Strength training is defined as exercise that is designed to increase muscle mass and strength. Normally this would consist of lifting heavy weights or resistance machines in the gym. However, the government guidelines also include more general activites that include lifting heavy objects such as carrying heavy bags and gardening. It is difficult to quantify how much work you are doing in these activities. An activity you may think is strength training may not be sufficient enough to supply your body with enough resistance to qualify as strength training. Therefore it is best to do structured strength training with weights at home or in the gym. There are plenty of home based strength routines available on youtube. Here is one example of athletics team Preston Harriers circuit training video:
"What if I dont have the time to do that amount of exercise?"
As mentioned before the guidelines state that very high to maximal intensity for less than 75 minutes a week could provide health benefits similar to the 150 minutes of moderate activity. That means you could do 10 minutes of maximal activity a day. This type of training in also called HIT (high-intensity training). There are hundreds and thousands of fitness accounts on youtube that offer many ideas for this. Most include doing squats, lunges, high jumps, stationary running, running up steps, skipping etc etc, in a circuit type work out that last 30 seconds to 1 minute per exercise.
The guidelines also suggest that the 150 minutes can in fact be accumulated in bouts of any length, so you could do shorter 25 mins for 6 days of the week, or you could do 75 minutes on Saturday and Sunday, or somewhere in-between!
"I have tried to do the suggested amount of activity, but I end up getting too tired and get aches and pains"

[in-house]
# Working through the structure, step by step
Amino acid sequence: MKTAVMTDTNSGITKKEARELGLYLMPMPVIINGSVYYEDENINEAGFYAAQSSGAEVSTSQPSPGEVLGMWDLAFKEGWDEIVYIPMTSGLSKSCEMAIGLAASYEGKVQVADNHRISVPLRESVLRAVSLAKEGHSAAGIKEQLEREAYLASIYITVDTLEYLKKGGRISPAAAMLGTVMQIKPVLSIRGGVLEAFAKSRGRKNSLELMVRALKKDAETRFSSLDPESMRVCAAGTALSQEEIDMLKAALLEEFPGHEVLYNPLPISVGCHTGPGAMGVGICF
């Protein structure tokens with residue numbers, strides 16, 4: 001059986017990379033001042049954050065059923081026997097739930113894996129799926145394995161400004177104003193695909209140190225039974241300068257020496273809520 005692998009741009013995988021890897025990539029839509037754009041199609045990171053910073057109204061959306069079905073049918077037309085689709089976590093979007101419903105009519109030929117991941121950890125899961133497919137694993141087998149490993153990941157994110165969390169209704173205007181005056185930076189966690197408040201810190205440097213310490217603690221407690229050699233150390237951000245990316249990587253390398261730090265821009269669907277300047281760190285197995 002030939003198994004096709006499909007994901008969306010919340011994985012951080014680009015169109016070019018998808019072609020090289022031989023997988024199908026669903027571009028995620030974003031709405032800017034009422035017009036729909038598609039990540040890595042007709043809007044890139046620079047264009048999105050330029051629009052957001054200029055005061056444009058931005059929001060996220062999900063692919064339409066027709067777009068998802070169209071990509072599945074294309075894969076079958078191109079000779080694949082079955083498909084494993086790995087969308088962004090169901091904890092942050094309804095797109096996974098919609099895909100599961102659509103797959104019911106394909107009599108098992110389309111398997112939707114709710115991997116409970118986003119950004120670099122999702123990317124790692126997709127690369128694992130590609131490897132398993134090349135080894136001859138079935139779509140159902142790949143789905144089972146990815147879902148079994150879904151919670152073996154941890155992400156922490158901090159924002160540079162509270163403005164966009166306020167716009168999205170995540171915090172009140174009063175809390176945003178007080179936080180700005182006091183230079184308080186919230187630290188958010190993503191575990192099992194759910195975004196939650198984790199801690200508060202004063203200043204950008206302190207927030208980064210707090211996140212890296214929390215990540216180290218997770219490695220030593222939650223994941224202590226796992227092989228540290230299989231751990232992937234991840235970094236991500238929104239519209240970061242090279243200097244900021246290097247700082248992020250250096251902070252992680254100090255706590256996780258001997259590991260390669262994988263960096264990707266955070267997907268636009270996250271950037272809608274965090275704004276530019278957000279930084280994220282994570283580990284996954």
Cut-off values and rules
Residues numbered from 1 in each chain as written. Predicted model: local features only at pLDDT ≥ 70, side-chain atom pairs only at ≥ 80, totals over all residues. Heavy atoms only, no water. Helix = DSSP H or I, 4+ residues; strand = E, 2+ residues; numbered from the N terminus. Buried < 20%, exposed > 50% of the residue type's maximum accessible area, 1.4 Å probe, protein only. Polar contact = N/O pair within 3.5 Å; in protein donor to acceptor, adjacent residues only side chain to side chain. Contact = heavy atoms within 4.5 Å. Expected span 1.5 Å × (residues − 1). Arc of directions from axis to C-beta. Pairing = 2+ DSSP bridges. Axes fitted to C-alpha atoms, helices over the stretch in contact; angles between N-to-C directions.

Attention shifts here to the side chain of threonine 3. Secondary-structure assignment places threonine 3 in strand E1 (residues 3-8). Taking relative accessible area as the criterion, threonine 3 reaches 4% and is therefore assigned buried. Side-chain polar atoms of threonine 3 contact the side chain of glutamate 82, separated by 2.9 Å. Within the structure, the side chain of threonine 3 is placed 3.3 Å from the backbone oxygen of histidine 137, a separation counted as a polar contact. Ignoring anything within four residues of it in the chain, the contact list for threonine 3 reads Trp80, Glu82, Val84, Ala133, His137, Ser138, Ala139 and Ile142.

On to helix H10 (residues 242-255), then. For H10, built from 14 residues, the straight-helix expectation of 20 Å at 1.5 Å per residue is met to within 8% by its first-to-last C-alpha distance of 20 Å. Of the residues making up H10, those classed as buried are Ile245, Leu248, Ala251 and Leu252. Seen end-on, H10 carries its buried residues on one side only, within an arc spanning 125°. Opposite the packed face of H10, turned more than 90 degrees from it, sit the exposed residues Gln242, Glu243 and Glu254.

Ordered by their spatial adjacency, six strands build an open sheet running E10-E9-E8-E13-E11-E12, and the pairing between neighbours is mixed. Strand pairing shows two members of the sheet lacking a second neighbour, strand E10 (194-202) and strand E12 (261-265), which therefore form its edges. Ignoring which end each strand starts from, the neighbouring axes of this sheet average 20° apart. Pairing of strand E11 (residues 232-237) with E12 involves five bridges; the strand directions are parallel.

If you haven't done any physical activity before, your body isn't used to the workload that you are putting it through when you try to do 150 minutes of activity. Your body will get sensations of DOMS (Delayed Onset Muscle Soreness), and could actually increase your risk of injury as your tendons are sensitive to sharp increases in load.
That is why it is important to slowly progress your activity levels, and aim to hit the 150 mins after a certain amount of time, such as a couple of months. You can give yourself an easy achievable starting point, say 30 minutes a week of 2 x 15 minute quick walks. Then give yourself checkpoints each week for example:
Week 1: 2 x 15 minutes quick walk (total: 30mins)
Week 2: 3 x 15 minutes quick walk (total: 45mins)
Week 3: 2 x 20 minute quick walk (total: 40mins)
Week 4: 3 x 20 minute quick walk (total: 60mins)
Week 6: 3 x 30 minute quick walk (total: 90mins)
Week 7: 4 x 30 minute quick walk (total: 120mins)
Week 8: 5 x 30 minute quick walk (total: 150mins)
Your next aim could then be to introduce some jogging into your walks!
"Does that meant I dont have to do more than the 150 minutes of moderate intensity?"
The guidelines is the MINIMUM amount of exercise that you can do to get a significant amount of health benefits. If you hit 150 minutes a week already, then you should still aim to increase over time to continue to increase the benefits you get each week.
Thanks for reading, if you wish for any more information on this topic then take a look at the GOV.UK website:
Sport and Health Exercise Health Science BSc